Antananarivo, Madagascar’s Ivato International Airport debuted a new terminal building as part of a public-private partnership.
The new 17,500 square meter terminal is estimated to welcome more than 1.5 million passengers per year, compared to 850,000 passengers it handled in 2016 and comes after a new concession agreement was signed for the commissioning of the infrastructure between the Malagasy authorities.
The concession contract will be effective for 28 years and will facilitate new international airlines to Madagascar. With its several new counters, the international facility is expected to reduce waiting time for passengers at the airport, thus facilitating transit formalities.
Additionally, the airport has secured health accreditation from the Airport Council International (ACI).
The Airport’s Services
Before the Coronavirus health crisis began, tourism contributed 16% of Madagascar’s GDP and employed more than 800,000 people or 3% of the total population.
Commissioning of the new airport terminal will be a major boost to the country’s tourism industry — with the nation increasingly becoming a popular destination for tourists. It will also help in raising the frequency of weekly services while offering a welcoming environment that meets international standards.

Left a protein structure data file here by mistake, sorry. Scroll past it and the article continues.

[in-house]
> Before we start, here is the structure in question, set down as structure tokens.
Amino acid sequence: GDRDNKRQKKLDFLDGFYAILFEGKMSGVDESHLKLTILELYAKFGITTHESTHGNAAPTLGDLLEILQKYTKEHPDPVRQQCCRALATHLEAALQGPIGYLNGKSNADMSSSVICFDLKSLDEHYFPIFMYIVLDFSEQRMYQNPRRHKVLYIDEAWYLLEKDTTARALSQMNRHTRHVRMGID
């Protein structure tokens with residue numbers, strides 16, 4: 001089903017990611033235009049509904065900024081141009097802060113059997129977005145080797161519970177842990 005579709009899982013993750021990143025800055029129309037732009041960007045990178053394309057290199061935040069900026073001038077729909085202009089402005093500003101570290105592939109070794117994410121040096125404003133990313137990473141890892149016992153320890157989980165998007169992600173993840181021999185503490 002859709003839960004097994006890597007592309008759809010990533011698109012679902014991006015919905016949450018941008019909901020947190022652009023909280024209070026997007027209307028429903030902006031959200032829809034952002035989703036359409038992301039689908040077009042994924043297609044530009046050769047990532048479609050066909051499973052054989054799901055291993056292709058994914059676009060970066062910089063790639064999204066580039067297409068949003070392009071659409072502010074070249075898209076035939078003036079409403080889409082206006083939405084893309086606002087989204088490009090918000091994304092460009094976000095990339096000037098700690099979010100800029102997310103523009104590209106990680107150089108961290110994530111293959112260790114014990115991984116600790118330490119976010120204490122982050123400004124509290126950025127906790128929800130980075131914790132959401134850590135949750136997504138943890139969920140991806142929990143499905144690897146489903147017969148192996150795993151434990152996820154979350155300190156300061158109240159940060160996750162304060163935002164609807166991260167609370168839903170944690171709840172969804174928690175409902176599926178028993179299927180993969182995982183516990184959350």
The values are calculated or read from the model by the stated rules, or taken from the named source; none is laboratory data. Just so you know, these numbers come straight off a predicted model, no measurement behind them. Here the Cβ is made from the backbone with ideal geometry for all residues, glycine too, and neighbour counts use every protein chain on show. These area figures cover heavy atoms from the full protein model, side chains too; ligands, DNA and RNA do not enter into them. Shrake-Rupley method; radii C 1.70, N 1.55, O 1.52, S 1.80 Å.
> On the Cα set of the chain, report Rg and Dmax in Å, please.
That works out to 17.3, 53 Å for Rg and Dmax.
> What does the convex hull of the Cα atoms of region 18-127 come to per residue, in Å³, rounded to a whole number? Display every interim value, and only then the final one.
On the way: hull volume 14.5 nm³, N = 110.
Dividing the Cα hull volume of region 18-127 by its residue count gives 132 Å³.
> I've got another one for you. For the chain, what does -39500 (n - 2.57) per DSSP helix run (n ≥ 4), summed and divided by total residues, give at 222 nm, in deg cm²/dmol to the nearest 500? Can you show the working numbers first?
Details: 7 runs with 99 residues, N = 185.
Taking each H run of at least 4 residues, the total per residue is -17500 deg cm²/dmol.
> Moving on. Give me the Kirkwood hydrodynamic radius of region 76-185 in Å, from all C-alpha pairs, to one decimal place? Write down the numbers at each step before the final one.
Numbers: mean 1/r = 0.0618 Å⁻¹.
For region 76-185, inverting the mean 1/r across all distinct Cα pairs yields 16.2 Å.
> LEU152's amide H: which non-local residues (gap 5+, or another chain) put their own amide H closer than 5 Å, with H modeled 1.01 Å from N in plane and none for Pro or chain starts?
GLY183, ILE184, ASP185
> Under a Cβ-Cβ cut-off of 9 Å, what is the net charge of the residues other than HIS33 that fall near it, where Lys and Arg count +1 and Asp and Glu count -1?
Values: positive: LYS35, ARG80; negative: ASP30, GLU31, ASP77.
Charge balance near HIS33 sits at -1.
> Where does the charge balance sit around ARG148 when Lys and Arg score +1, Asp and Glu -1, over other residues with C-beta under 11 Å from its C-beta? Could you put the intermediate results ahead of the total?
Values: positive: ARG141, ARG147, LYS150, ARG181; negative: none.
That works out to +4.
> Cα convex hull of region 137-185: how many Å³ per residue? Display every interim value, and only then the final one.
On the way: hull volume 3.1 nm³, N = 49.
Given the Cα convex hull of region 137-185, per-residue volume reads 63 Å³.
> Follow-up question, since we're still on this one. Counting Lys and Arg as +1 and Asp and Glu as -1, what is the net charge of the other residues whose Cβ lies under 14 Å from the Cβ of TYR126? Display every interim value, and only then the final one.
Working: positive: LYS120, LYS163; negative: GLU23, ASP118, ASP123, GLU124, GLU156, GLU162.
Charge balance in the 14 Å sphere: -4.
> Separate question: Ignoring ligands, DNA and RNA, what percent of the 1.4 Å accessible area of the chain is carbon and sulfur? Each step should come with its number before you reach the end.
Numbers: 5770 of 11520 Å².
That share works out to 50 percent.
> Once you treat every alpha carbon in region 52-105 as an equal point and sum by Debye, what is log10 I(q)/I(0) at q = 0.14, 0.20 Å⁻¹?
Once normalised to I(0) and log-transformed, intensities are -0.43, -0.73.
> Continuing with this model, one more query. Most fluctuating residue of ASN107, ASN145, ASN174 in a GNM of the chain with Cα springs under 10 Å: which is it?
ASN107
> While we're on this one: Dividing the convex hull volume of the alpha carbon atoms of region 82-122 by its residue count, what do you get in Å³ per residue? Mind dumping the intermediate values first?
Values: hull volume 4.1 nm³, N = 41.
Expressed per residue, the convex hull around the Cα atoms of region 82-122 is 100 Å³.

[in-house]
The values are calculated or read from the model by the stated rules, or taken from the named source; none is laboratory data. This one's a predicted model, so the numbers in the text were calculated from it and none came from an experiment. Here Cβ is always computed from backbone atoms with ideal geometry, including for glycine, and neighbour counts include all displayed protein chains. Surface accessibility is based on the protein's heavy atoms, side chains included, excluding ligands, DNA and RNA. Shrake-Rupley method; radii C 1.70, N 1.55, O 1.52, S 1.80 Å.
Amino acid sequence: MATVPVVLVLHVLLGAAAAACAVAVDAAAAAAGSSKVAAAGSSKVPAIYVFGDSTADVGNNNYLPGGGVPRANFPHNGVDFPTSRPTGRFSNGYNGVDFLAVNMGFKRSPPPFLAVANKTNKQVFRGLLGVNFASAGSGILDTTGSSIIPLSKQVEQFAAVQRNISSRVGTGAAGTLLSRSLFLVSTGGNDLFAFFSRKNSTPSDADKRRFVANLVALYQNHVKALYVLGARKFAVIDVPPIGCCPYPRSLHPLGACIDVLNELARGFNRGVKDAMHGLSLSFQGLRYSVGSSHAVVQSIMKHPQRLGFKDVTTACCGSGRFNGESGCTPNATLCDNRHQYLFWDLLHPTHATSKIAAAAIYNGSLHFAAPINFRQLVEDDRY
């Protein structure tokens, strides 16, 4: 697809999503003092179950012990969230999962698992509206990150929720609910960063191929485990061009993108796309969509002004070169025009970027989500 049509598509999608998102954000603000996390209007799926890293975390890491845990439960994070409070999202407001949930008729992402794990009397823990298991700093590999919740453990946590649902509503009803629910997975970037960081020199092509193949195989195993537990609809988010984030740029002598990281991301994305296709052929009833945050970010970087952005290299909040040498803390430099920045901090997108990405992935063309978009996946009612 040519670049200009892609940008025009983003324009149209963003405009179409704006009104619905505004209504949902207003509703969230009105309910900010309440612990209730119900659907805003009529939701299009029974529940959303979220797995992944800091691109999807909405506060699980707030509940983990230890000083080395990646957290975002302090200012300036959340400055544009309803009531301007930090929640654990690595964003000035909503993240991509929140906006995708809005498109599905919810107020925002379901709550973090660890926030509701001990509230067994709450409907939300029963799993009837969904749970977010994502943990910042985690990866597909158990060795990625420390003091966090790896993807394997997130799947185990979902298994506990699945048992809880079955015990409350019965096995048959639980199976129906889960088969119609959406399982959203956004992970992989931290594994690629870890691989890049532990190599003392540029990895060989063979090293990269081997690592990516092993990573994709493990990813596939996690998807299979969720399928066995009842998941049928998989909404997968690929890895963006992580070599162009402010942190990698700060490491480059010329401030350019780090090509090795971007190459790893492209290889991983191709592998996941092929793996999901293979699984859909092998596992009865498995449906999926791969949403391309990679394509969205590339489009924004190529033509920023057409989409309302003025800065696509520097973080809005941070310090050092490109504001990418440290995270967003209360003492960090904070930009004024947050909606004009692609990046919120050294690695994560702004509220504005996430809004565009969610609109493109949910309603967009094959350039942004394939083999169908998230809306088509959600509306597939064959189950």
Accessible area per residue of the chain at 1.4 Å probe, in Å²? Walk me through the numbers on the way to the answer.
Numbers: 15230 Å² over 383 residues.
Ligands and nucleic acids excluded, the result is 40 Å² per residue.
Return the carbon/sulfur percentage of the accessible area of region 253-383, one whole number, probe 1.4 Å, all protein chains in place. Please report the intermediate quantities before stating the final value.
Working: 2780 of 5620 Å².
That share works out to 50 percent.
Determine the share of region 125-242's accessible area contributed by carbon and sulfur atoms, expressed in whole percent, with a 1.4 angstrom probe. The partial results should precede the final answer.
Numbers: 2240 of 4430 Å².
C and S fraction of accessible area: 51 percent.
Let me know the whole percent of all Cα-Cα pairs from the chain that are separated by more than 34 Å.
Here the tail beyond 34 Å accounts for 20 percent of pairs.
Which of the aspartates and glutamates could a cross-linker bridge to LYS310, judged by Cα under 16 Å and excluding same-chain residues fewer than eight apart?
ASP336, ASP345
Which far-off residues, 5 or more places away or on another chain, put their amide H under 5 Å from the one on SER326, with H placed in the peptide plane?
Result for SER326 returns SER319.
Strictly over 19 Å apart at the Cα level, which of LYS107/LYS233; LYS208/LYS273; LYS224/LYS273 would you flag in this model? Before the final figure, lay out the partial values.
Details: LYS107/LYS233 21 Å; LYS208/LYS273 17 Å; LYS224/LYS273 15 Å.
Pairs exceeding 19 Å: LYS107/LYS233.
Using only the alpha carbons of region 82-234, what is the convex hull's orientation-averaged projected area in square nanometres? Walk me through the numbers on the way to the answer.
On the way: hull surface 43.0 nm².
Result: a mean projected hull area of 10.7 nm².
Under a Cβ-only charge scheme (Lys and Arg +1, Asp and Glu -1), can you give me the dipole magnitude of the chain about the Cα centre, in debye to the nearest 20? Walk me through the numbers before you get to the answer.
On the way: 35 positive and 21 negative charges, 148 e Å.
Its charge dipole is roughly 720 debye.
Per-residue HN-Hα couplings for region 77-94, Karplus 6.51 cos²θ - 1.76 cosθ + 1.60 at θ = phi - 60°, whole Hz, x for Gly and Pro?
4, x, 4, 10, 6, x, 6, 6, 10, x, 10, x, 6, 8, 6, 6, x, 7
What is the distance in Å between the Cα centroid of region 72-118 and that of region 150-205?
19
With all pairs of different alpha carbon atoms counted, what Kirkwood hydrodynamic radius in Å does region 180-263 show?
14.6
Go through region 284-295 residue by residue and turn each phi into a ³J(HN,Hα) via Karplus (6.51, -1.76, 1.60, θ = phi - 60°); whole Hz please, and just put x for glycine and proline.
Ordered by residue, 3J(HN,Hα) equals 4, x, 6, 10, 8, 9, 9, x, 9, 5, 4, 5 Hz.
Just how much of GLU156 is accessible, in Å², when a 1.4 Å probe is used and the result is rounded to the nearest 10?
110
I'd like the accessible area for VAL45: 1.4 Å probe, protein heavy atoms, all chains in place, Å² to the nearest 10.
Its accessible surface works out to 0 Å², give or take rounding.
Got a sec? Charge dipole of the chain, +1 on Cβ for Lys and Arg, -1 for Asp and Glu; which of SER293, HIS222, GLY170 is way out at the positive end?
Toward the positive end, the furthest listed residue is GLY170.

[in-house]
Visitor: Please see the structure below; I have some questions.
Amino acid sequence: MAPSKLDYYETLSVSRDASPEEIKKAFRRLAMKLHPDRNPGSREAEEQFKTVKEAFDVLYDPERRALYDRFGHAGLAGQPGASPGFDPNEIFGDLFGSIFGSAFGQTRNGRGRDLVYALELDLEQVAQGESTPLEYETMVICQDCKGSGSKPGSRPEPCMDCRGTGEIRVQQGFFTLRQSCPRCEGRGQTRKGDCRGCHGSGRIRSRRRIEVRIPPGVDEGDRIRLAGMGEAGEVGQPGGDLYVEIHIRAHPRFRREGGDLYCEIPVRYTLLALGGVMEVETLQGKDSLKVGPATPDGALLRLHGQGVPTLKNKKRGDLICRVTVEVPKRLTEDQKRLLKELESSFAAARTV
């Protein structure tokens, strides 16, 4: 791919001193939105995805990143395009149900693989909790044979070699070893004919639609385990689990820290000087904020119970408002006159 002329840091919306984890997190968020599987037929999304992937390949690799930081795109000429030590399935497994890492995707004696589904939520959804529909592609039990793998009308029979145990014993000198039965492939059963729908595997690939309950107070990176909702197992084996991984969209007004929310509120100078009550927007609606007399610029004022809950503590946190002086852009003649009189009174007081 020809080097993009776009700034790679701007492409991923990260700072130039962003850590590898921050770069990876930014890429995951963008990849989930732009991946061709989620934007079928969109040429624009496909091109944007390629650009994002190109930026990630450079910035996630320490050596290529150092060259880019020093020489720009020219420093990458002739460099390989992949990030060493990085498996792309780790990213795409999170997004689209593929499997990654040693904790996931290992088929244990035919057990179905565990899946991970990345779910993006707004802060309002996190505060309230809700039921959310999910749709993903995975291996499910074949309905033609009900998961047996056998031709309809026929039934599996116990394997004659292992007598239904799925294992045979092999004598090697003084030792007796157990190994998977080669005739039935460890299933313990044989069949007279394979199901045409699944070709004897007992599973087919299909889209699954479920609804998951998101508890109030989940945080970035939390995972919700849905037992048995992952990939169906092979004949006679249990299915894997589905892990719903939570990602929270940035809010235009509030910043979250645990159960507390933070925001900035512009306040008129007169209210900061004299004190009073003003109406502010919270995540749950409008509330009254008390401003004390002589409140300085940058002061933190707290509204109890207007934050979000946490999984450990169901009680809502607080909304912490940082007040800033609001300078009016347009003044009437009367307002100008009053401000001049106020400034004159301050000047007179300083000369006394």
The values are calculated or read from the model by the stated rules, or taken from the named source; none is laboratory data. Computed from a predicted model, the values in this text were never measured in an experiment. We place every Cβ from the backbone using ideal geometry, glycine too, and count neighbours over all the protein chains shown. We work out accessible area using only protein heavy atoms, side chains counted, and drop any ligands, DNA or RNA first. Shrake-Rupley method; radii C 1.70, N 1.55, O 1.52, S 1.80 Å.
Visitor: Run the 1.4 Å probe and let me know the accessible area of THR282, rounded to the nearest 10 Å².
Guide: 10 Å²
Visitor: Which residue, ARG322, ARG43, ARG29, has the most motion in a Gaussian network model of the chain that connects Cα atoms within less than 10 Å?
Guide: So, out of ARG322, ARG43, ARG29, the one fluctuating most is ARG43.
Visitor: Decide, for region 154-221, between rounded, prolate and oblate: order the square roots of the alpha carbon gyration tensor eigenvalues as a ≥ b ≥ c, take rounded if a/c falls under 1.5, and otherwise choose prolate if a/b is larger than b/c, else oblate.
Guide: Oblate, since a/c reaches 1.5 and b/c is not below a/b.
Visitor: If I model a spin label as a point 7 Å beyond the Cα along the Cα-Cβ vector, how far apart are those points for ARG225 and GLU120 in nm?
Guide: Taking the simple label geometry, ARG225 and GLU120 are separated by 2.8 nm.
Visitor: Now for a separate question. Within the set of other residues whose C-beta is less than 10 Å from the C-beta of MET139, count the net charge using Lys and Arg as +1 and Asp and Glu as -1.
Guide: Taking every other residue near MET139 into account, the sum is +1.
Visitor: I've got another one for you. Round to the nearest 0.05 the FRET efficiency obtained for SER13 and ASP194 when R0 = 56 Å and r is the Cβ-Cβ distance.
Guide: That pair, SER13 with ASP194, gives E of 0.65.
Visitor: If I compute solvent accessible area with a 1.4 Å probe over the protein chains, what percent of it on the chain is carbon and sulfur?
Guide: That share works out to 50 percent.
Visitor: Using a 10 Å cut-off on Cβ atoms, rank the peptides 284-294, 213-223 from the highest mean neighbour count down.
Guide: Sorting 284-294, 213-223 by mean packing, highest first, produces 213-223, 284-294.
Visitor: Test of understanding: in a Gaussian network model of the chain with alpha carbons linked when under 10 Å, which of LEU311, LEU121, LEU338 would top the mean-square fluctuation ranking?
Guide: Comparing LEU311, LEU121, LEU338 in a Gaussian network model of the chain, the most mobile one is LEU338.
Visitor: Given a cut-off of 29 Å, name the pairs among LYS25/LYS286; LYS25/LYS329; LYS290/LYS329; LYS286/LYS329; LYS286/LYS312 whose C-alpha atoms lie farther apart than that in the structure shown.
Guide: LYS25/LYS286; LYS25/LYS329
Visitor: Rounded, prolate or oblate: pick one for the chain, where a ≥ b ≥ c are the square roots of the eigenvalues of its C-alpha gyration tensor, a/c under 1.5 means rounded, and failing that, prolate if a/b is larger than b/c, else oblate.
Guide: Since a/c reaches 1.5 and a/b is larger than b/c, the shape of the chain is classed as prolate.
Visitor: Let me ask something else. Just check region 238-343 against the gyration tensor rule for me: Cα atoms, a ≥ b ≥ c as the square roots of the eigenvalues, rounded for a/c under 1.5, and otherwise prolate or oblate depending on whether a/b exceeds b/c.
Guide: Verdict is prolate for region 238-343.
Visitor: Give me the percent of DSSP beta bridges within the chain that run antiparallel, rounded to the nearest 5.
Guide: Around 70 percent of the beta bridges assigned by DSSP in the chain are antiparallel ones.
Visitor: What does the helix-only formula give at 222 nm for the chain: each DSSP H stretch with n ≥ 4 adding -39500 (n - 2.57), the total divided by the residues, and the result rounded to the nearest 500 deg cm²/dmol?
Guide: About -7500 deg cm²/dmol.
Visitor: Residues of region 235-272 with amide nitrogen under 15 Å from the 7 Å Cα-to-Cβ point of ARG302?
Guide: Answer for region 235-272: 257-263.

In addition, the improved infrastructure will be a significant upward revaluation of the fiscal benefits for the State — projected to receive nearly 400 million euros throughout the concession.
This modernization is also part of the government’s strategy to revive the economy and accelerate tourism activity on the island.
The Airport’s Management
Ravinala Airports — The concession company — is a consortium formed by Groupe ADP (35% shareholder via its subsidiary ADP Management), the Bouygues group (20%) through Bouygues Bâtiment International and Colas Madagascar, a subsidiary of the Colas Group and Meridiam (45%), have since December 23, 2016, been overseeing the operation of Madagascar’s Ivato international airport in Antananarivo and Fascene international airport in Nosy Be.
The 28-year concession agreement provides for the financing, design and construction of the new passenger terminal and the operation of the entire airport throughout the concession.
“With this new international terminal, Madagascar will have a state-of-the-art infrastructure that meets the best international airport standards. It is also a pleasant living environment, a showcase for Malagasy flora and culture. At the service of economic development, it will allow accompanying the effective recovery of the tourist activity on the island,” Thierry Déau, Founder and CEO of Meridiam, said.
Last year, a consortium led by Meridiam reached an agreement to manage Sofia Airport in Bulgaria for 35 years.